Development of Venture Capital in Malaysia
Ladies and Gentlemen,
10.         The first venture capital company in Malaysia was established back in 1984, when the Singapore-based South East Asian Venture Investment set up Malaysian Ventures with a fund size of approximately RM13.8 million. The Malaysian venture capital industry has grown since then, servicing companies for whom financing through direct bank lending or the equity or debt market is hard to obtain.
11.         In Malaysia, as in other developing economies, a high technology start-up, especially one with a technology that is nascent but nevertheless novel, probably does not fit conventional lending criteria. In addition, investment rating systems may not qualify for financial support from either conventional funding or large corporations and there is only so much that the Government and its Venture Capital and funding agencies like MTDC, Malaysia Venture Capital Management Berhad  and Malaysia Debt Ventures Berhad can do in such circumstances.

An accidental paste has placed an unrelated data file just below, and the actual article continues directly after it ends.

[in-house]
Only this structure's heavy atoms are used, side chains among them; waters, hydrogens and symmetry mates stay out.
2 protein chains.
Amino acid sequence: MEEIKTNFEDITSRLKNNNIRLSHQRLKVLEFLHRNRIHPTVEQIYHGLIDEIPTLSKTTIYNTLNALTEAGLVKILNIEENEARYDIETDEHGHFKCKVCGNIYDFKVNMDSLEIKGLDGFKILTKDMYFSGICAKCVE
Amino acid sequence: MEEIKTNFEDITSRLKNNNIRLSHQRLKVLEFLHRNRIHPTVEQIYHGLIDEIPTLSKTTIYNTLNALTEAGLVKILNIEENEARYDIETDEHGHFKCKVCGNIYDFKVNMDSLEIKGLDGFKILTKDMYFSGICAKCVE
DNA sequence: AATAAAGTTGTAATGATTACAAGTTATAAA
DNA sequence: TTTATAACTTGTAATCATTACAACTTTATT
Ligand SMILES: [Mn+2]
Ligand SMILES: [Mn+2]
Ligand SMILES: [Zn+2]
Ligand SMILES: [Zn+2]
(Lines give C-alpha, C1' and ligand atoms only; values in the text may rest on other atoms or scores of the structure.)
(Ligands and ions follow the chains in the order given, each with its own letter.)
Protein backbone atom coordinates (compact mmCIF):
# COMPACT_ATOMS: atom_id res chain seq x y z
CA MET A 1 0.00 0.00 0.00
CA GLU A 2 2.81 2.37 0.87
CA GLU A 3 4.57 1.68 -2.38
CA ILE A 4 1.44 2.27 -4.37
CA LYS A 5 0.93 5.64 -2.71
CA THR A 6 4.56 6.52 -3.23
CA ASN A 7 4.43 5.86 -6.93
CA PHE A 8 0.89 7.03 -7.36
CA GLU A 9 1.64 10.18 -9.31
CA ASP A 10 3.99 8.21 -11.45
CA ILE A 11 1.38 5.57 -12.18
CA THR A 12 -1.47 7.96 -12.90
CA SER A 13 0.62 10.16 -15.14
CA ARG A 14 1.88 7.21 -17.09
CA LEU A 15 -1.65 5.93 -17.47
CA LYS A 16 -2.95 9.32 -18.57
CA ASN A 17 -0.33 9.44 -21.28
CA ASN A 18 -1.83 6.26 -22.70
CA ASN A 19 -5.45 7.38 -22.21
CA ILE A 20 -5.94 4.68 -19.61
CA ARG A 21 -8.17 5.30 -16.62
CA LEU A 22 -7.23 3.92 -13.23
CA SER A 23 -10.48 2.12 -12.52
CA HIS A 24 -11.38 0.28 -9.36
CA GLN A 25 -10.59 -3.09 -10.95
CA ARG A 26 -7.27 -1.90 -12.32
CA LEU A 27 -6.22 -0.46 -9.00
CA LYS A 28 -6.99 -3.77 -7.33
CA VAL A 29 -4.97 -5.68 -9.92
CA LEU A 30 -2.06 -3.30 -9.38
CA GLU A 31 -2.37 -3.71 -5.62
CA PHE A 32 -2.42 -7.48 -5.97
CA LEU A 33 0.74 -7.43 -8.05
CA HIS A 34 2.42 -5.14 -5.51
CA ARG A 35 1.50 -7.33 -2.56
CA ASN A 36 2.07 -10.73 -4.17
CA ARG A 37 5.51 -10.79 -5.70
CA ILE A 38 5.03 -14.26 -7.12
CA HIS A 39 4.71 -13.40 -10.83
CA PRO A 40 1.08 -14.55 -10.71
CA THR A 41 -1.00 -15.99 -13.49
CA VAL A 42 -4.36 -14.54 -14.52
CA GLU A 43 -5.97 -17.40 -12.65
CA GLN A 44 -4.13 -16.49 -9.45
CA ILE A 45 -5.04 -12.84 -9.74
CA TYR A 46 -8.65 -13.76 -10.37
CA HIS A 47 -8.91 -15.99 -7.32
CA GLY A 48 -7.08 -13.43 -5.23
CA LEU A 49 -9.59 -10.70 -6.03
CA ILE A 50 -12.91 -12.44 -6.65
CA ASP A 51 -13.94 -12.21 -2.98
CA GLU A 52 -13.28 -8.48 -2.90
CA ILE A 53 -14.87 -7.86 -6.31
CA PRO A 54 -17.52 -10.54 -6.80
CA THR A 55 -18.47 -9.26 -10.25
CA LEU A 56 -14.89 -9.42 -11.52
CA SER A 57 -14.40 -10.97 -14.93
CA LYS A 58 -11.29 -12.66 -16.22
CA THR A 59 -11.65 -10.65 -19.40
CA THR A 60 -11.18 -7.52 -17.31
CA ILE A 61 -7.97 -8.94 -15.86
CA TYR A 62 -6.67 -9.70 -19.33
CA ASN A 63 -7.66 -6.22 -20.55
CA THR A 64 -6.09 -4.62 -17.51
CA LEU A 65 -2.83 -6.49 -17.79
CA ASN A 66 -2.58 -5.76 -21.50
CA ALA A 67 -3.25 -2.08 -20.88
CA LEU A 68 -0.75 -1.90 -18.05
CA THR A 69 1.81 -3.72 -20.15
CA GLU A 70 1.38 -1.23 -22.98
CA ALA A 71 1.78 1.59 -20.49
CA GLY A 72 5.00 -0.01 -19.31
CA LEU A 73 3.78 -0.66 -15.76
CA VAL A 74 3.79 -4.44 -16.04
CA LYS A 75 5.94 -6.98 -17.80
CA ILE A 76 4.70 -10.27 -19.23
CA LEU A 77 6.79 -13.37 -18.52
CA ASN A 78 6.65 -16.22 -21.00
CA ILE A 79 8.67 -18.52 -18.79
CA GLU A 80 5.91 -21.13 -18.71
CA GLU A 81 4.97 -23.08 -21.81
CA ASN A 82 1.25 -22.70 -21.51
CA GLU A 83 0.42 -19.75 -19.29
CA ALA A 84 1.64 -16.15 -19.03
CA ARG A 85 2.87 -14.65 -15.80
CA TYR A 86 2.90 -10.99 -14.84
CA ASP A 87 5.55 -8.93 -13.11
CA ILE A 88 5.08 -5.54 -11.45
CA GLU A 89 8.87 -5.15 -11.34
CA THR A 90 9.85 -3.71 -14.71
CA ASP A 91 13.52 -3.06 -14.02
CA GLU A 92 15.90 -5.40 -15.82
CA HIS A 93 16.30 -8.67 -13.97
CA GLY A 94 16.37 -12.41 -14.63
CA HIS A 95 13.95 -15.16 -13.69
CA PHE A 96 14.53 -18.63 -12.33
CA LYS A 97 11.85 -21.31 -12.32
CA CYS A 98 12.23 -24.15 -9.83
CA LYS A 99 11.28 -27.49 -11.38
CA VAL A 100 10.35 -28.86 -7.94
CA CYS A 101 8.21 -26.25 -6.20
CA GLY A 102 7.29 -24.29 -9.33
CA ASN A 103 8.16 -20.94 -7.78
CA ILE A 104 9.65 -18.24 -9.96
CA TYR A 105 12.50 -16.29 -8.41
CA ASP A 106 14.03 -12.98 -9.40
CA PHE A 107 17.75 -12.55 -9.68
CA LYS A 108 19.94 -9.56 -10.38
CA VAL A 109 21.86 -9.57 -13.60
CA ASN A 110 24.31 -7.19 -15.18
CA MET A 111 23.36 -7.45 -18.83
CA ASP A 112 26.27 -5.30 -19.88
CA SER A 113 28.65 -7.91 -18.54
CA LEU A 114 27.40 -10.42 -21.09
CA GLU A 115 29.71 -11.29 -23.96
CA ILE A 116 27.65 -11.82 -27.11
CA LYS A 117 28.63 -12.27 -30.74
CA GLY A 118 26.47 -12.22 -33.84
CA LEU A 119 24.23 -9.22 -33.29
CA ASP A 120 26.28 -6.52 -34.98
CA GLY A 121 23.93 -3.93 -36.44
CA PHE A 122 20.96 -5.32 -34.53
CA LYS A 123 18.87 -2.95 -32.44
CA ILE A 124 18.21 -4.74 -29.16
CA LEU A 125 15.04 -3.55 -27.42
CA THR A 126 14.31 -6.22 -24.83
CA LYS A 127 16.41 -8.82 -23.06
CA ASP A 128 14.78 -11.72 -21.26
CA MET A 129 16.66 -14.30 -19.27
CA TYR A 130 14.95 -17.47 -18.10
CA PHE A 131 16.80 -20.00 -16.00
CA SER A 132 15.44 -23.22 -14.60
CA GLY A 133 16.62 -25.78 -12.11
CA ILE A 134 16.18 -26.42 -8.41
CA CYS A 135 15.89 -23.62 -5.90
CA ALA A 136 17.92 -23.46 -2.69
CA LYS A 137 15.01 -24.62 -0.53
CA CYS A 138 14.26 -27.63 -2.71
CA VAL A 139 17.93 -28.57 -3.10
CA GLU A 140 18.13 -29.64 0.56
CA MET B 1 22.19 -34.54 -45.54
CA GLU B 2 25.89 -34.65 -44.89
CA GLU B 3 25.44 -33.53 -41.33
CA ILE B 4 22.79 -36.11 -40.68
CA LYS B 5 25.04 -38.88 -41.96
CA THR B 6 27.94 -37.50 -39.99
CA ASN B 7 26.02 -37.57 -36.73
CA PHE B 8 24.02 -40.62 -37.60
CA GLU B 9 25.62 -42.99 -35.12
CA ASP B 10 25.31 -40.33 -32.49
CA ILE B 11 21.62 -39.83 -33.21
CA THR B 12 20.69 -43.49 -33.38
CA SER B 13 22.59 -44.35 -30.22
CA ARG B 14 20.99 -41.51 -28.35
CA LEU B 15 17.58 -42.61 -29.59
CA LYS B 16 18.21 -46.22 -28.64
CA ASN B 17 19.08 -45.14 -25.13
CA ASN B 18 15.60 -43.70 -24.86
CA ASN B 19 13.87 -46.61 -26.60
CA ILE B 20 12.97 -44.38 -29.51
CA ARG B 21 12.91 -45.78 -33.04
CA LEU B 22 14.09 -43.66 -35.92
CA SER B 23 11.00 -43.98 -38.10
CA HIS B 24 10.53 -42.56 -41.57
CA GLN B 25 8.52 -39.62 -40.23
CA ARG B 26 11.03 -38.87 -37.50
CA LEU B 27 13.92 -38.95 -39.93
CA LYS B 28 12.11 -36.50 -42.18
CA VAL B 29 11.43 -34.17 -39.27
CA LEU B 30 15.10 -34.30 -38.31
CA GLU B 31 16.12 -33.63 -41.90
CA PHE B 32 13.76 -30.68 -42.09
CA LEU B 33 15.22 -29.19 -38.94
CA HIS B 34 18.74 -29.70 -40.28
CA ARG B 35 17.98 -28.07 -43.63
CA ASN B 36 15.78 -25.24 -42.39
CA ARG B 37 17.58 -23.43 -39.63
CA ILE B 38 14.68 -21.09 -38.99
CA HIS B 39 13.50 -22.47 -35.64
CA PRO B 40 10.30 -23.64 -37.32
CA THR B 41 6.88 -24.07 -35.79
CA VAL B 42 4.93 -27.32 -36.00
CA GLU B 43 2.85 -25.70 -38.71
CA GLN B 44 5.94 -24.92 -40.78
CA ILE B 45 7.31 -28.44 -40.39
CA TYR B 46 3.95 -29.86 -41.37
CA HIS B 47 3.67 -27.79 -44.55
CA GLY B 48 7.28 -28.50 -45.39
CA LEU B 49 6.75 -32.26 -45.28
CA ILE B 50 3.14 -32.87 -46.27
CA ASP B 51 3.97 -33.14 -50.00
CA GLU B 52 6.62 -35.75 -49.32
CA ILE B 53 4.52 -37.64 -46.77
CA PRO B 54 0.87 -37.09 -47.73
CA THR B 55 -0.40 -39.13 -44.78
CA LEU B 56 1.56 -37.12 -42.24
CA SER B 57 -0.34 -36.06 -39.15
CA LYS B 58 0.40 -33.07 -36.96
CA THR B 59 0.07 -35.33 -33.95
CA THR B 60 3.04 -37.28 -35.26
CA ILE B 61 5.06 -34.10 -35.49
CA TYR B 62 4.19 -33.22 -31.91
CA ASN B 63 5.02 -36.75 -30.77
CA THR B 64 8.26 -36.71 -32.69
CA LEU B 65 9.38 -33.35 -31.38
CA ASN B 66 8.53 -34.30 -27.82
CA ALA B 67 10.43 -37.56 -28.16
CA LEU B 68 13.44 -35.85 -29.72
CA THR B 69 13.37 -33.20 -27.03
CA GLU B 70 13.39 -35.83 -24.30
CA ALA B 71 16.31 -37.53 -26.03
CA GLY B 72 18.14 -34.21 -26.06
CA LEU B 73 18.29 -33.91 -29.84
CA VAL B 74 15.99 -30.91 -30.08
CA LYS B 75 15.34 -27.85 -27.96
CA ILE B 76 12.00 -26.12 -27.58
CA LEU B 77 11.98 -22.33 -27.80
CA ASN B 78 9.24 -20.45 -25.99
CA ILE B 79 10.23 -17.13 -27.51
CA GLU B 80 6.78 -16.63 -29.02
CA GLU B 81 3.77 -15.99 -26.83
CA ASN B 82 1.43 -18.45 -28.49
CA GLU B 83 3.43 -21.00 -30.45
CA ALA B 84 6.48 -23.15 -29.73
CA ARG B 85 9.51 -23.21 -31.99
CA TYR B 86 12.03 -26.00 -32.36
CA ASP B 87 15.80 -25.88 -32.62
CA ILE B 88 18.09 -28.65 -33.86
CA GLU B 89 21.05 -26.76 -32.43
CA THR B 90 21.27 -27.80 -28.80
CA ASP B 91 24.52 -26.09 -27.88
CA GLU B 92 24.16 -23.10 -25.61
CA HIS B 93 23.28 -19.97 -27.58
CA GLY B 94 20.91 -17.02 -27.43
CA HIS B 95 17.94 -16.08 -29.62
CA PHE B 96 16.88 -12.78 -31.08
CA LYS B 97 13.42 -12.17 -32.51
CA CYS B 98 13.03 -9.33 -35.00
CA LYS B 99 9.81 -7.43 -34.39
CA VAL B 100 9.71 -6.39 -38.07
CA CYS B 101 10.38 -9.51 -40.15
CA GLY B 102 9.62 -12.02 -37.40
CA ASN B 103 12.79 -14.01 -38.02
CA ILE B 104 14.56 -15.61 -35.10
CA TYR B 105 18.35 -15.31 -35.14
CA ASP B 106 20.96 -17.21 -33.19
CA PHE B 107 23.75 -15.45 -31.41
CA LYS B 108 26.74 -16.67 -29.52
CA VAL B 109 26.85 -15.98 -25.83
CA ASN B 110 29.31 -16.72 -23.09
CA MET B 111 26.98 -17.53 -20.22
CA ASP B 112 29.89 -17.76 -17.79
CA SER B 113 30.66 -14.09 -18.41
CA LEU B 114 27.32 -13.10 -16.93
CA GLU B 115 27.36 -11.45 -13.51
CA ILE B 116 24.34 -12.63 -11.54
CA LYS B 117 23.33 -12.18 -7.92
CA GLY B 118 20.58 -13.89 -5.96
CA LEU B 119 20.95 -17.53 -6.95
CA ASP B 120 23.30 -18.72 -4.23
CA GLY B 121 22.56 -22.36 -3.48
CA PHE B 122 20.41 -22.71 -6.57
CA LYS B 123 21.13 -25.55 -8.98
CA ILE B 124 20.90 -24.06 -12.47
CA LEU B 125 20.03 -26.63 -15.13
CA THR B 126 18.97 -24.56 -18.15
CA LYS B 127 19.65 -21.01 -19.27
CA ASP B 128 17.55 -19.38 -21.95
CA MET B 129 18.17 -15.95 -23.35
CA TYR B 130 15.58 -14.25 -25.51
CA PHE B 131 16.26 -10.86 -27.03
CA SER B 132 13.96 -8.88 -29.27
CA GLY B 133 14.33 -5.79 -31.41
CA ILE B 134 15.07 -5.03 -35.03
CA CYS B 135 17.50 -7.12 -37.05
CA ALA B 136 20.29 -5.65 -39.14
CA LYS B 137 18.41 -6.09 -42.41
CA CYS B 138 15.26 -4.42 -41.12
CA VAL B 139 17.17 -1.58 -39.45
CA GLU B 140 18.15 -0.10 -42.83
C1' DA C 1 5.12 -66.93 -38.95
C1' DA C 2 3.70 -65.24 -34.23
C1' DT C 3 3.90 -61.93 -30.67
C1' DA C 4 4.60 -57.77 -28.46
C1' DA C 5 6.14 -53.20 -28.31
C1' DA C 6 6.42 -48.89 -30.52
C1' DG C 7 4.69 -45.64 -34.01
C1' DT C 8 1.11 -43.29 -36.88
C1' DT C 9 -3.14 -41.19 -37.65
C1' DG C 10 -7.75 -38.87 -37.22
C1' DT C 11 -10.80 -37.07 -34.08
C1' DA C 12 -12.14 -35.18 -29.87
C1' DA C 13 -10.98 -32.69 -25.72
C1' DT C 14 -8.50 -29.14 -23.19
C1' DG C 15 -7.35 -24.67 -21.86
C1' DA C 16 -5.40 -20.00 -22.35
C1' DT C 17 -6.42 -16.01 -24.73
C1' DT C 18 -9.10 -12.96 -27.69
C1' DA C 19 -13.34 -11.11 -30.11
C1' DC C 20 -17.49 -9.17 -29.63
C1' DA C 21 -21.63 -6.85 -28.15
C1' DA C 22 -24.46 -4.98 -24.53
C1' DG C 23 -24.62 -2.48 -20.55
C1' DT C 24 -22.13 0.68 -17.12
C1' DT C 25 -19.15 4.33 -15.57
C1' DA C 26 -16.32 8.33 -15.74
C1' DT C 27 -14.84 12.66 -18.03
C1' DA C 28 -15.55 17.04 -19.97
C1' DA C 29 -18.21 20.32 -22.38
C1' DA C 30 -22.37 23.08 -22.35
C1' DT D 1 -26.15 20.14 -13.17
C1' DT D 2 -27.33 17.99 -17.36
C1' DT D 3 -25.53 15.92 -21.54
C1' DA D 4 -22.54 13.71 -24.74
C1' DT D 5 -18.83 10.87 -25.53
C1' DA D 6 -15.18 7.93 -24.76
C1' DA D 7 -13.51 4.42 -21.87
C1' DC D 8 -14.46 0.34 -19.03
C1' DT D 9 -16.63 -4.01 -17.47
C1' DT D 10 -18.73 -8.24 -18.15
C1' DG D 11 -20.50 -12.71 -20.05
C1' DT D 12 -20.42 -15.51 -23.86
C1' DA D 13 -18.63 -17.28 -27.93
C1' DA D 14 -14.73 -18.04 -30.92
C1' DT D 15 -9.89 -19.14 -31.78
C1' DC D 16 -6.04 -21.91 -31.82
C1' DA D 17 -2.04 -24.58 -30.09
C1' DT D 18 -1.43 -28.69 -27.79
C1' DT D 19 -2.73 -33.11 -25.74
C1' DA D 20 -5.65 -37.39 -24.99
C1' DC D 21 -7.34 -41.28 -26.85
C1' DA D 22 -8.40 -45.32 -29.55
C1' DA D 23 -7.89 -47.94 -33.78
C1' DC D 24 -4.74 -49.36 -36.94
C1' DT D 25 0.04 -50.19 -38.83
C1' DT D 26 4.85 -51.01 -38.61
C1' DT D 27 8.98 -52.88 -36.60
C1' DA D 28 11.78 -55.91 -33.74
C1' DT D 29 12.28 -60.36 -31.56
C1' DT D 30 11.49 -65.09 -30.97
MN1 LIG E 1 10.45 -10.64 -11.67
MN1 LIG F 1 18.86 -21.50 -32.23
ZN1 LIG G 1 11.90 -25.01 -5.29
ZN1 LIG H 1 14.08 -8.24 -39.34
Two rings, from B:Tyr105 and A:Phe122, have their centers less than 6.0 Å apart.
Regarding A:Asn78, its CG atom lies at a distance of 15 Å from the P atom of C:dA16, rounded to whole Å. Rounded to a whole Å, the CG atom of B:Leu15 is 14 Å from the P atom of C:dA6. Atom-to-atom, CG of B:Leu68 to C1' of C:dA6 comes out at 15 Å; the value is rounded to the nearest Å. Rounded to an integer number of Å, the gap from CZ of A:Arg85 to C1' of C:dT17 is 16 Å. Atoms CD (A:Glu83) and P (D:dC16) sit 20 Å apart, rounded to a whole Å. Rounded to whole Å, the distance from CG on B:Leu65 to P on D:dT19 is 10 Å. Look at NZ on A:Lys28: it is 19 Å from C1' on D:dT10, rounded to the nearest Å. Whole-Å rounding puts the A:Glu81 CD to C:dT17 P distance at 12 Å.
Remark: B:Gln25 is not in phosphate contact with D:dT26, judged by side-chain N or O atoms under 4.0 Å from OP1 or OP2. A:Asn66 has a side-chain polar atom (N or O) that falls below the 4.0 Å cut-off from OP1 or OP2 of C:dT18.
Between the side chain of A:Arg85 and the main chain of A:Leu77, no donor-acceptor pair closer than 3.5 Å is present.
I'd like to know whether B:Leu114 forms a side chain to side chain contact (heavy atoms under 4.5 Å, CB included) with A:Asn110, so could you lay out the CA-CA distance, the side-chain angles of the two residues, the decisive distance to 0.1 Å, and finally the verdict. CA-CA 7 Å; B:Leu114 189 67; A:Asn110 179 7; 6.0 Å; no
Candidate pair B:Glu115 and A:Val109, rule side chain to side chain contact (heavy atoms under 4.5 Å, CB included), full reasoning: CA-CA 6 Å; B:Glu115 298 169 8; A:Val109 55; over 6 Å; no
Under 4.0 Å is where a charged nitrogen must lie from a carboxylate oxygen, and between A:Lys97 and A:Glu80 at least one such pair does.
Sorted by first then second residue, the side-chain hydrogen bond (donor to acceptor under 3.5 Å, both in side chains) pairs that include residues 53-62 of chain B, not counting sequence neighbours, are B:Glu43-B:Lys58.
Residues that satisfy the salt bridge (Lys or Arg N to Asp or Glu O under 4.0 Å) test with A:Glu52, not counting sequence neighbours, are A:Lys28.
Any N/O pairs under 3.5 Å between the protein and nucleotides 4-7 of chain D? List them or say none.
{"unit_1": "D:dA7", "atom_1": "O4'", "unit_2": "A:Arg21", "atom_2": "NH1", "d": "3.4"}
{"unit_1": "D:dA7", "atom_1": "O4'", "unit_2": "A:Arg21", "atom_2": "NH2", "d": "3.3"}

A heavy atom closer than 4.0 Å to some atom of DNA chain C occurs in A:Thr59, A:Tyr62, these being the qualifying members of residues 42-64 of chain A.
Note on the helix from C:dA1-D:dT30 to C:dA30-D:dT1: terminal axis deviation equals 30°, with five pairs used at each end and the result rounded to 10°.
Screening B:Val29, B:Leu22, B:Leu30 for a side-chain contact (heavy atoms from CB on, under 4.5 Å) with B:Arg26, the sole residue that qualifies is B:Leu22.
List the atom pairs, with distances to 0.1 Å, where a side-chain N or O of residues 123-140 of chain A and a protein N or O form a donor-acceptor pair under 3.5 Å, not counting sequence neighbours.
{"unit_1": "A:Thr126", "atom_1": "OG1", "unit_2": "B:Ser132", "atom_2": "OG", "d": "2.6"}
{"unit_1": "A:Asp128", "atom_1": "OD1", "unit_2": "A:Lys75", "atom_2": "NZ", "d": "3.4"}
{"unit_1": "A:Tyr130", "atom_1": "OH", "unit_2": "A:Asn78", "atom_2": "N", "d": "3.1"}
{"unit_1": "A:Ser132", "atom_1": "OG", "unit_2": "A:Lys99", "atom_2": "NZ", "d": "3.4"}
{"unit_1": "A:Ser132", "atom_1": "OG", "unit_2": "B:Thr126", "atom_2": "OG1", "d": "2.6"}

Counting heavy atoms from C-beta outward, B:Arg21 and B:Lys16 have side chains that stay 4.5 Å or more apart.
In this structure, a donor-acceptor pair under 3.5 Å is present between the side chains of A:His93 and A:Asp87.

Understanding the New Economy – Venture Capital
Ladies and Gentlemen,
12.         Even until recently, large corporations have felt safer doing what they know best and that is perhaps understandable. Financiers fund what has worked in the past and that is, again, perfectly sensible. Taking risks in the new economy without road maps and variables that fit their credit and investment criteria is seen by many as a step too far. Most technology companies, try as they may, do not fit into the conventional funding criteria – so should the funders start trying harder to understand the new economy and the real risk factors involved?